Indeed, noting that there are many definitions of a “first break,” Marsh also highlights her experiences shooting Eye of the Hurricane in Georgia. “It was my first ‘real’ $2 million feature,” she says. And she’s proud of her work on the documentary Burn, for which she followed a Detroit fire department over the course of two years. “We had more footage than you could dream of, because they have 15 to 25 fires a night,” she says. Burn went on to win the 2012 Tribeca Film Festival Audience Award.
Shooting the Netflix documentary series Chelsea Does, starring Chelsea Handler, presented other challenges altogether. “Working with celebrities means there’s a higher bar for the aesthetics,” Marsh offers. “But it’s a documentary, so you want to make sure the talent has total freedom to move anywhere they want. You can’t light them into a corner.” At press time, Marsh was prepping a documentary with director Clay Tweel.
Having studied piano and harp for years, cinematographer Éponine Momenceau sees her current work in motion pictures as existing on a continuum with her music. “Learning to make pictures with a camera was like learning a new instrument,” she says. “It’s an instrument I can play to express a language — a vision of a world in movement.”
Once she decided on a cinema career — after also studying math and physics — Momenceau enrolled in the Paris cinema school La Fémis, where she spent the next four years “learning much more than the technical aspects of cinematography,” she says. Thanks in part to the experimentation and collaboration the school encouraged, “I had this feeling when I exited school that I was looking differently at things and at myself.
“Of course, the experience of learning continues after school, with new encounters, new collaborations,” she continues. “I envisage each project as a new field of experiments to which I bring all I have stored from my previous experiences.”
Since graduating in 2011, much of Momenceau’s work has been in the realm of experimental cinema or visual art. She shot Before Music There Is Blood for an installation with the band Soundwalk Collective. She also created the 10-minute video Waves Become Wings, which was exhibited at the Palais de Tokyo, among other sites.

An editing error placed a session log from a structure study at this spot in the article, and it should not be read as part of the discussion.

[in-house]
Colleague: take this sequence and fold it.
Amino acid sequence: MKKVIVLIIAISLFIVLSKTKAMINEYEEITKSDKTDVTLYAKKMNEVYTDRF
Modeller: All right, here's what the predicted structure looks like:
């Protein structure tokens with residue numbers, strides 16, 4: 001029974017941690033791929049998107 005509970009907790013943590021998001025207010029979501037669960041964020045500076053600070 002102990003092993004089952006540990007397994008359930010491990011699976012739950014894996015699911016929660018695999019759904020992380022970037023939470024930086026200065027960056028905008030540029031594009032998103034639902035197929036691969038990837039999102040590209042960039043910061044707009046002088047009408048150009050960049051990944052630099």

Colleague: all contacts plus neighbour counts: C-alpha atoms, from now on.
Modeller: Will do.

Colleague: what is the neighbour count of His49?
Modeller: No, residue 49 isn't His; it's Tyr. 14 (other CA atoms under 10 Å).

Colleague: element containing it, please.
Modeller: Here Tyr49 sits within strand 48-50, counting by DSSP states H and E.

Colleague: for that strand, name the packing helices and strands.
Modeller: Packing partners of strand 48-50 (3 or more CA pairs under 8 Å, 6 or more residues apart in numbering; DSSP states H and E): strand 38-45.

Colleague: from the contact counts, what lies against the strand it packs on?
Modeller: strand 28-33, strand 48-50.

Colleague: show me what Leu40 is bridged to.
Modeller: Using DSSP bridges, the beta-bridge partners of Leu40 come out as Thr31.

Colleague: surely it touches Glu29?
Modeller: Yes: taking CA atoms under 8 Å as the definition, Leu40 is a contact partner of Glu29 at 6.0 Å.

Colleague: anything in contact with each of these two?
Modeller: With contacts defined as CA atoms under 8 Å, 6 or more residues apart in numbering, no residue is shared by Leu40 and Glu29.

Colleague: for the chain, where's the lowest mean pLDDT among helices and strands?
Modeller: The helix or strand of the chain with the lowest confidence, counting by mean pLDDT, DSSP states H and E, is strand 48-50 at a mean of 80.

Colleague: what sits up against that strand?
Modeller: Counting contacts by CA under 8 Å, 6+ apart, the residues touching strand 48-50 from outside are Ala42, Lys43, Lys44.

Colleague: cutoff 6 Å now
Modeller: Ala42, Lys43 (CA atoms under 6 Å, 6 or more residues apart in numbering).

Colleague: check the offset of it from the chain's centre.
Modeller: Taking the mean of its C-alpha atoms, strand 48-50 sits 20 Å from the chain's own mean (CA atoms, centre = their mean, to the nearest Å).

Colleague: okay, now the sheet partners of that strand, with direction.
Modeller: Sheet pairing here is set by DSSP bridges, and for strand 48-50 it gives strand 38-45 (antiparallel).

When director Jacques Audiard saw Waves Become Wings, he approached Momenceau to shoot the feature Dheepan, a drama about a Tamil immigrant in Paris. Audiard’s improvisatory style and openness to ideas — from his cinematographer as well as the actors — were a tonic to her. “We had a very free way of sharing, and it liberated me,” she reflects. Dheepan was her debut feature, and her work was recognized with a César nomination. “It’s funny — when I entered school, at the final oral in front of 10 people in the profession, they asked me to name the French directors I wanted to work with, and I answered, ‘Jacques Audiard.’ It’s done now.”
Momenceau also points with pride to Princes Among Men, a documentary about the Roma people and their music, which she shot over a year and a half in six Balkan countries with director Stephan Crasneanscki of Soundwalk Collective. Coming up, she has another video and sound installation with Crasneanscki’s band, a film with Stephen O’Malley and the musicians of Sunn O, a feature for Chinese director Wang Quan’an, and a documentary with Jean-Stéphane Bron.
It’s the “alchemy” between director and cinematographer that is most important to Momenceau. “The work of the cinematographer doesn’t exist without the imagination, the mind, and the spirit of the director,” she muses. “Sometimes I feel that a cinema crew during shooting is like an orchestra, and the director is like a conductor.”
While working toward a degree in artificial intelligence at the Moscow Engineering Physics Institute, Egor Povolotskiy came to a realization: “I was more interested in photojournalism,” he says. So, after graduating, he started taking photos for a Russian news agency and the Russian Association of Motorcyclists.